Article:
Cinema Review: Babyteeth | Under the Radar - Music Magazine
Wednesday, January 20th, 2021  


Studio: IFC Films
Directed by Shannon Murphy

Jun 18, 2020 Web Exclusive
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Shannon Murphy’s debut is an oddball romance too wrapped up in its own quirks to handle its tale of life and death.

In the opening scene first-time director Shannon Murphy establishes a philosophy for a different way of living. Caution thrown to the wind, taking life by the horns and doing what it is you want before it’s too late. It’s a gutsy approach, one that twists the film into finding a way to adjust to this unpalatable reality.

Seriously ill 16-year-old Milla (Eliza Scalen) has just met Moses (Toby Wallace), an edgy looking tearaway seven years her senior. When Milla brings Moses home as a “guest”, her parents Anna and Henry (Essie Davis and Ben Mendelsohn) are concerned as to why Moses would be hanging around with a teenage girl. In stark contrast to the family's bourgeois surroundings, Moses is a rough and not-so-ready shaggy dog, irritable and erratic. The mullet-bearing (staple of any Australian bad-boy), pepper-sprayed looking young man is unbalanced and dysfunctional, a seemingly unhealthy presence around one’s ill daughter.

Early on Babyteeth tries to establish itself as uncaged and wiley. Milla’s quirks and rebelliousness, Moses’ unpredictability, Anna and Henry’s fractious relationship, all elements that the film seems to suggest might make for some craaaazy viewing. Unfortunately, though let off the chain, there’s very little to make you feel like you’re ever in danger. It feels more like a tropical bird awkwardly flapping its wings too close to you rather than a tiger on its way to maim or kill.

As time goes on Milla’s parents gradually come to terms with the benefits of Moses’ palliative presence. His layabout hedonism brings about a change in Milla’s attitude that makes for a more pleasurable existence, a freeing from her repressive environment. Their relationship doesn’t come without its own ups and downs, though, and the two try to balance the bitterly heady cocktail of Moses’ drug dependence and Milla’s sickness. The crux of the relationship lies in Milla’s lovestruck enthusiasm against Moses’ potentially exploitative position within the duo. Again, this distrust and uncertainty isn’t something that ever feels truly threatening. With the film’s twee idiosyncrasies, brightly-colored title cards and squeaky-clean visuals the sense of dread, of impending death or heartbreak, only seems to vanish under a sentimentalism barely worth caring about.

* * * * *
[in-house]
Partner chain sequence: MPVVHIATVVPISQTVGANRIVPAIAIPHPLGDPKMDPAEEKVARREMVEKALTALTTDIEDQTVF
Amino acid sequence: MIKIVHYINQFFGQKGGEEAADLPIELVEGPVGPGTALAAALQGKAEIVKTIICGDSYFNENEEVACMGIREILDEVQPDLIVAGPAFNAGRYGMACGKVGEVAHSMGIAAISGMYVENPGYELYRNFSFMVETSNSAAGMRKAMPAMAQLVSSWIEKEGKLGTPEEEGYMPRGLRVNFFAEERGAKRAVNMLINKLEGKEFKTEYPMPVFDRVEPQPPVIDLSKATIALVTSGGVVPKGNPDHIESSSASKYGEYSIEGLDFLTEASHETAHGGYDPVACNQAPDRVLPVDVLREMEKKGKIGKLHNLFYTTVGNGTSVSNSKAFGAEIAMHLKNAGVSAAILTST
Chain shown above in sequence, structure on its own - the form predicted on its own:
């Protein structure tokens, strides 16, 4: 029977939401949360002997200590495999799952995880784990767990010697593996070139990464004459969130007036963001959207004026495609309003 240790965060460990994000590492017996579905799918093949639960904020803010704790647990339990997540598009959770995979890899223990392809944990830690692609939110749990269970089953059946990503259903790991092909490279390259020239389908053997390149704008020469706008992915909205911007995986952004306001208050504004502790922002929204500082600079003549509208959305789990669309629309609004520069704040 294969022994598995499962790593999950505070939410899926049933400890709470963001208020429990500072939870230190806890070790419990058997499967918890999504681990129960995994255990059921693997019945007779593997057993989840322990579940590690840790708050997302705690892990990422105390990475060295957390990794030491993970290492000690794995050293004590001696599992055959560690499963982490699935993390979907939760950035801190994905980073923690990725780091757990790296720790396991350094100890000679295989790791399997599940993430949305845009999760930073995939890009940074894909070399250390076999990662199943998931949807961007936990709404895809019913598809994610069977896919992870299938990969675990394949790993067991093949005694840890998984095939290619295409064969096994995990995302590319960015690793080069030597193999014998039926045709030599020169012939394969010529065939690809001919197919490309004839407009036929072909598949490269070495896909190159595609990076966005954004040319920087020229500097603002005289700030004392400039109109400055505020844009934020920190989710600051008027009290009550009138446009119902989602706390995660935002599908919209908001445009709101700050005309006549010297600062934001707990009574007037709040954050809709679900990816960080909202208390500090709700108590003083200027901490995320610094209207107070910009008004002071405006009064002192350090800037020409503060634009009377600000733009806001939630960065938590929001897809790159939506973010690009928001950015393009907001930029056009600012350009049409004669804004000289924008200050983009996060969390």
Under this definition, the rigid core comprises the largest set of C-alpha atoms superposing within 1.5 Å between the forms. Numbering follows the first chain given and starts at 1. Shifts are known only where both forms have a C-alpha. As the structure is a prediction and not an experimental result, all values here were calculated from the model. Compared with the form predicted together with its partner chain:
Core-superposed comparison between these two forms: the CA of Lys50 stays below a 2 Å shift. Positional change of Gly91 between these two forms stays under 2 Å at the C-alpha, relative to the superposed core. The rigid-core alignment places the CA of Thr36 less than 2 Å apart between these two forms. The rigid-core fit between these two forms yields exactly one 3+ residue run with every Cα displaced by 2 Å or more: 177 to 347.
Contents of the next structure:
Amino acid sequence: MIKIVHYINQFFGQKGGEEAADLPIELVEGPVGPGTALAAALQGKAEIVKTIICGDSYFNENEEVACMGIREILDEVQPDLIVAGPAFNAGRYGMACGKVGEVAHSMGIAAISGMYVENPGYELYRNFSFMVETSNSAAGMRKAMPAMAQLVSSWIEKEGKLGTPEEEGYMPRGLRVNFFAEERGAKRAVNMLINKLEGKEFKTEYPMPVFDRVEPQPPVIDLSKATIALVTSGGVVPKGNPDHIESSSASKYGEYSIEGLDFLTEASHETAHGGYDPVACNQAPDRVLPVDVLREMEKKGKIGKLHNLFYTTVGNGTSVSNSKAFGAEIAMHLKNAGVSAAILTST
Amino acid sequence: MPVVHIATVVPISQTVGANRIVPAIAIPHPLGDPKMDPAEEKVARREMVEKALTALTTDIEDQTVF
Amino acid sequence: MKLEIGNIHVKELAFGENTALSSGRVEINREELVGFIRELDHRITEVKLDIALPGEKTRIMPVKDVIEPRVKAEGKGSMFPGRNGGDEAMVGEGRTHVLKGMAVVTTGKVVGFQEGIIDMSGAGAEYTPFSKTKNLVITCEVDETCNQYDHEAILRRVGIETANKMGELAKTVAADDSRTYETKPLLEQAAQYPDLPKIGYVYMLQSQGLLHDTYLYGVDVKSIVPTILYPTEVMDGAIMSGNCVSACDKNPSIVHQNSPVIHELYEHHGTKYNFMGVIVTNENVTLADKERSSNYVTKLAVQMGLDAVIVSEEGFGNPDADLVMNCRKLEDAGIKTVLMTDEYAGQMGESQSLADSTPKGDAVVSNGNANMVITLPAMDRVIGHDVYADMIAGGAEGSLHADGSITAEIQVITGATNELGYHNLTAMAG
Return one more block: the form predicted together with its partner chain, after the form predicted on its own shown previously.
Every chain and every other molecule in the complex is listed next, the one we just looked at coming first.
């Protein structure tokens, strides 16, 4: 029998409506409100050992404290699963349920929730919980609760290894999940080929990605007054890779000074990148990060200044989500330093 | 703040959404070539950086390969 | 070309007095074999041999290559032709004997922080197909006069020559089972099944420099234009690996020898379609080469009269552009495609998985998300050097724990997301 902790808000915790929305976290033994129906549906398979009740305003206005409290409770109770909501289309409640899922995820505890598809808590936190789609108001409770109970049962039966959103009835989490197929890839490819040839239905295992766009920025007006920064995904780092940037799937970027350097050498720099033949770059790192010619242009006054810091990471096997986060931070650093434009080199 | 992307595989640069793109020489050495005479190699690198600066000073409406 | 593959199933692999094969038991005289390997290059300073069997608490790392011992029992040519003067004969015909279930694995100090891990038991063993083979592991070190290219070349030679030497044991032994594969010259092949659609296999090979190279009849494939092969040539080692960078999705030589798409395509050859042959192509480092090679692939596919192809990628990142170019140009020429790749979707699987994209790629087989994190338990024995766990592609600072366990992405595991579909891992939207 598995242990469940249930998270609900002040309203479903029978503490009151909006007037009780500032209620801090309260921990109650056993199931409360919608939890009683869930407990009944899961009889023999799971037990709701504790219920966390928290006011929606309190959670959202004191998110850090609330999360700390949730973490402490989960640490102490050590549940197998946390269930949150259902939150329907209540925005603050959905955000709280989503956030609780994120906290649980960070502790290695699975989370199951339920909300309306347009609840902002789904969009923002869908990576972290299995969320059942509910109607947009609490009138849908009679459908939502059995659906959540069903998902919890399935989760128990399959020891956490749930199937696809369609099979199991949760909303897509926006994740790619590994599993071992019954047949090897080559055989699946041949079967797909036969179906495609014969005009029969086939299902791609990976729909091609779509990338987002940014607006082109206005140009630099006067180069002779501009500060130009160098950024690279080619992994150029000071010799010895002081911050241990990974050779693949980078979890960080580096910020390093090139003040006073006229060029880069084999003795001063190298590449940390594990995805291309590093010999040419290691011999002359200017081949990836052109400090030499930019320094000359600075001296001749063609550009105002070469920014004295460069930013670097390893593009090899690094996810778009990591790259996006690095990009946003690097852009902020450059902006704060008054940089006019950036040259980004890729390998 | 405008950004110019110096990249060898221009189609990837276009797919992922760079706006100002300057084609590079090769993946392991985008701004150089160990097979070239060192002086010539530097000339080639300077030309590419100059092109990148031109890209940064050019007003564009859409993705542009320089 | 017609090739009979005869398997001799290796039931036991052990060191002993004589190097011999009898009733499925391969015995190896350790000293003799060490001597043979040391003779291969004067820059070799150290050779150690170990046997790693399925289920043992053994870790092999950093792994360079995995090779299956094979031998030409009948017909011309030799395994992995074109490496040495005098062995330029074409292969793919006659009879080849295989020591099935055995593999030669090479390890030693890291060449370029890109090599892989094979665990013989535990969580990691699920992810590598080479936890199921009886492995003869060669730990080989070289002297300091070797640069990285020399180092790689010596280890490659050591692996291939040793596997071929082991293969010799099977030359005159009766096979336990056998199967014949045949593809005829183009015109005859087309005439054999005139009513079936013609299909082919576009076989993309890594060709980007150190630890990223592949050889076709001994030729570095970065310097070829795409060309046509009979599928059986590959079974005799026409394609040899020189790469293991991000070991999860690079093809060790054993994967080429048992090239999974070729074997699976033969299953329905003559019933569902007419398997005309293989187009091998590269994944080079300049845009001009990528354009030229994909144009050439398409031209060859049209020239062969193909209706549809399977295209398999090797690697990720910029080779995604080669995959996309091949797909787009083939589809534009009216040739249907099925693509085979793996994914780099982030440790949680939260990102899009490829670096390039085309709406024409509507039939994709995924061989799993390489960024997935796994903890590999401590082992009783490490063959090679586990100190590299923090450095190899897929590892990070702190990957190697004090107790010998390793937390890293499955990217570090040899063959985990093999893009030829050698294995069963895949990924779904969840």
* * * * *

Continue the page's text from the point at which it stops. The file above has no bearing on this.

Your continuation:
Another quirk of the film is the fourth wall break. On several occasions Milla turns to her audience to assert some kind of mutual understanding between us. The two glaring inconsistencies here being that this device fetters away after only an hour and that we don’t have Milla’s perspective enough for this to work. The film shares perspectives between the four main characters, leaving the fourth wall breaks to feel like unwanted intrusions. We are never close enough, or allowed to access Milla’s deepest feelings enough for her entrance into our domain to be anything more than an encroachment.

Babyteeth is not without its qualities. Murphy shows a great deal of assurance on her debut and she’s certainly established her style with confidence. Unfortunately, it’s a confidence that seems wasted on a soppiness and mildly irritating off-the-wall take on life and death. It spends so much of its time authoring its peculiarities that it doesn’t hammer home the consequences taking place. It’s bold and even daring at times, but it relies too heavily on presenting as an oddity to highlight the gravity it’s weighed itself down with.



Author rating: 4.5/10

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